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Russia claims its COVID-19 vaccine is 92% effective

·Germany Correspondent, Yahoo Finance UK
·2-min read

Watch: Sputnik vaccine is 92% effective, says Russia

Russia has claimed that its COVID-19 vaccine, named Sputnik V, is 92% effective at preventing people from contracting the coronavirus, Reuters reports.

Russia has been working on a vaccine for months, and announced it had developed the “world’s first” vaccine on 11 August, with Russian president Vladimir Putin telling state television that “I know that it works quite effectively, it forms a stable immunity.”

Putin said at the time that one of his daughters had taken the vaccine, and developed a slightly higher temperature after each dose, but “now feels well.”

Today, Reuters reports that the Russia Direct Investment Fund, the country’s sovereign wealth fund, made the claim of 92% effectiveness based on data from the first 16,000 participants in a trial in September. Participants, it said, had received two doses of the Sputnik V vaccine.

“We are showing, based on the data, that we have a very effective vaccine,” RDIF boss Kirill Dmitriev said. Developed by the Gamaleya Institute, the Russian vaccine is now in large-scale trials in Moscow.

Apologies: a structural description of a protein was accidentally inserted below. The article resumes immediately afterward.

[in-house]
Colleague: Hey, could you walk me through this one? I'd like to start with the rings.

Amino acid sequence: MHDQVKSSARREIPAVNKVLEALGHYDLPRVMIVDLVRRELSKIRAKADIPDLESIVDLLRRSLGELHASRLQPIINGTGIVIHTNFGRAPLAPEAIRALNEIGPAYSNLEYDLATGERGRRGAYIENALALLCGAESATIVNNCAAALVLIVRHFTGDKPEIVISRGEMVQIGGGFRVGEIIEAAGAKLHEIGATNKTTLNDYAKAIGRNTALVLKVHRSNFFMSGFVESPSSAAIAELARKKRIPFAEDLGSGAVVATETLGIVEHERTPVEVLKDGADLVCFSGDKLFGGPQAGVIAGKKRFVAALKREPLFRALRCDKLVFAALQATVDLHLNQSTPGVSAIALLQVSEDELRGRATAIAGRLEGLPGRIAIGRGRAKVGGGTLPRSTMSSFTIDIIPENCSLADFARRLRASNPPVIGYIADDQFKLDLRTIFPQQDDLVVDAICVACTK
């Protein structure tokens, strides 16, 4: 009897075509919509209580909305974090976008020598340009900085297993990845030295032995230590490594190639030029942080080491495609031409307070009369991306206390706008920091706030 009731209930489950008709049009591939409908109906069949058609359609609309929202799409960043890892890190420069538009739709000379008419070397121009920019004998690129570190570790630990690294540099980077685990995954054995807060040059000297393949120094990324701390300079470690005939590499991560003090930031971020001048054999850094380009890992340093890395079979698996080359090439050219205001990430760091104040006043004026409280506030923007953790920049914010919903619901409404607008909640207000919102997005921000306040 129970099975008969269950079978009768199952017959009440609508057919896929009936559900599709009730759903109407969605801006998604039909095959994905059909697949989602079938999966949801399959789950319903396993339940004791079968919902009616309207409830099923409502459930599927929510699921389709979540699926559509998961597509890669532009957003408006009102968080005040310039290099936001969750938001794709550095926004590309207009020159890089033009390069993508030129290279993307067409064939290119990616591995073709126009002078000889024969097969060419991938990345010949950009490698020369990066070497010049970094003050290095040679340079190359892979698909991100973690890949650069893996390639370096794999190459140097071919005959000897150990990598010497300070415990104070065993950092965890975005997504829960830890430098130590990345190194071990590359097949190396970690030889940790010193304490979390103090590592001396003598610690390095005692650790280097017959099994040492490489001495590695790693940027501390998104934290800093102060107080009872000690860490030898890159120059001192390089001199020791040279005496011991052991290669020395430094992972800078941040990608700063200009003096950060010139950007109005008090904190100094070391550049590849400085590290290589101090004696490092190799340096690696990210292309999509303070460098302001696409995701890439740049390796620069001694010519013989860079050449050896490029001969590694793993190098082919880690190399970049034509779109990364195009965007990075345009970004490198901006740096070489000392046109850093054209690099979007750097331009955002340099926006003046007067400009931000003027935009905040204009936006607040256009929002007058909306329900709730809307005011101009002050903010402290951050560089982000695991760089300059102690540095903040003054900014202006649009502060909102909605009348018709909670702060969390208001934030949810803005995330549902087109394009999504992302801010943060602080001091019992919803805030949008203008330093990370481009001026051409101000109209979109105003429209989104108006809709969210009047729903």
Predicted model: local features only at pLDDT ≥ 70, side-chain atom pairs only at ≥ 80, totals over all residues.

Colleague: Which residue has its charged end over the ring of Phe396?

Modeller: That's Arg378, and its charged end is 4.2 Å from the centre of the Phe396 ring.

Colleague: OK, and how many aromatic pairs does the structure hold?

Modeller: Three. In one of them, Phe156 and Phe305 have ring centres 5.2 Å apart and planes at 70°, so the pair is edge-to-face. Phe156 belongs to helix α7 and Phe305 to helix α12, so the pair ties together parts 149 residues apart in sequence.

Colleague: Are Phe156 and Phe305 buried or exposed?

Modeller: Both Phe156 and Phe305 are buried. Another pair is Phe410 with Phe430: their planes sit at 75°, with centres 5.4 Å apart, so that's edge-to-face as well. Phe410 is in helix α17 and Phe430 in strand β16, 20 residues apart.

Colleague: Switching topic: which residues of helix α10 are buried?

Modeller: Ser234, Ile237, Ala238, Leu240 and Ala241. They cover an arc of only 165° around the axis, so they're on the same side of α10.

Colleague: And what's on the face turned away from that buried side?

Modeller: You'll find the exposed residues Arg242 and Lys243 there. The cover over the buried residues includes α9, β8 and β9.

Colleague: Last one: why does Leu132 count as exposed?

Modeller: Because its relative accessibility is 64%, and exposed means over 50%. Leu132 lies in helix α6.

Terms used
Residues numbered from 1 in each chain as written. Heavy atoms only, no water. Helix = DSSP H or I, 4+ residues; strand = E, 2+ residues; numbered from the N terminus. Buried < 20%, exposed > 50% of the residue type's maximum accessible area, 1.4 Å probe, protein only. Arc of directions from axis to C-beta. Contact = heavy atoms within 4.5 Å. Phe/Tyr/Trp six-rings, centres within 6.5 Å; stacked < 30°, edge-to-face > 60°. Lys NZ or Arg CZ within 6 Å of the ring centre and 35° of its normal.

On Monday this week, Germany’s BioNTech (BNTX) and its partner Pfizer (PFE) announced that their COVID-19 vaccine had achieved an effectiveness rate of over 90% based on interim data from their phase 3 trial of almost 44,000 people.

Widespread government purchasing of coronavirus vaccines may ultimately lower their price in the United States. (Getty Images)
Russia's vaccine announcement comes two days after the Pfizer-BioNTech news of a 90% effective vaccine. Photo: Getty Images

The news sparked a massive rally on the stock markets this week. Reuters reported that $2tn changed hands on global stock markets on Monday. The rally is not abating: European markets opened higher again on Wednesday, teeing up a third straight day of gains.

READ MORE: Vaccine rally continues for stock markets as trillions change hands

Pfizer has already submitted for regulatory approval with the European, UK, and Canadian drug approval authorities, and is planning to submit an early-use authorisation to the FDA as early as the third week of November. They have also started clinical trials in Japan and China.

READ MORE: BioNTech chief on COVID-19 vaccine results: 'An important step for the world'

Germany’s health minister Jens Spahn said in August that he was sceptical about Russia’s “world’s first” claim, saying: “the problem is, we know very little because the Russian authorities are not very transparent.”

The World Health Organisation said in August that it had contacted Russian authorities about the correct international standards for testing its vaccine.

READ MORE: BioNTech: The German company behind the potential first COVID-19 vaccine

Other medical companies working on vaccines include AstraZeneca (AZN.L) with the University of Oxford, US-based Moderna (MRNA), Novavax (NVAX), Johnson & Johnson (JNJ), and Germany’s CureVac (CVAC).

Watch: 'Vaccine by Christmas' predicts Deputy Chief Medical Officer

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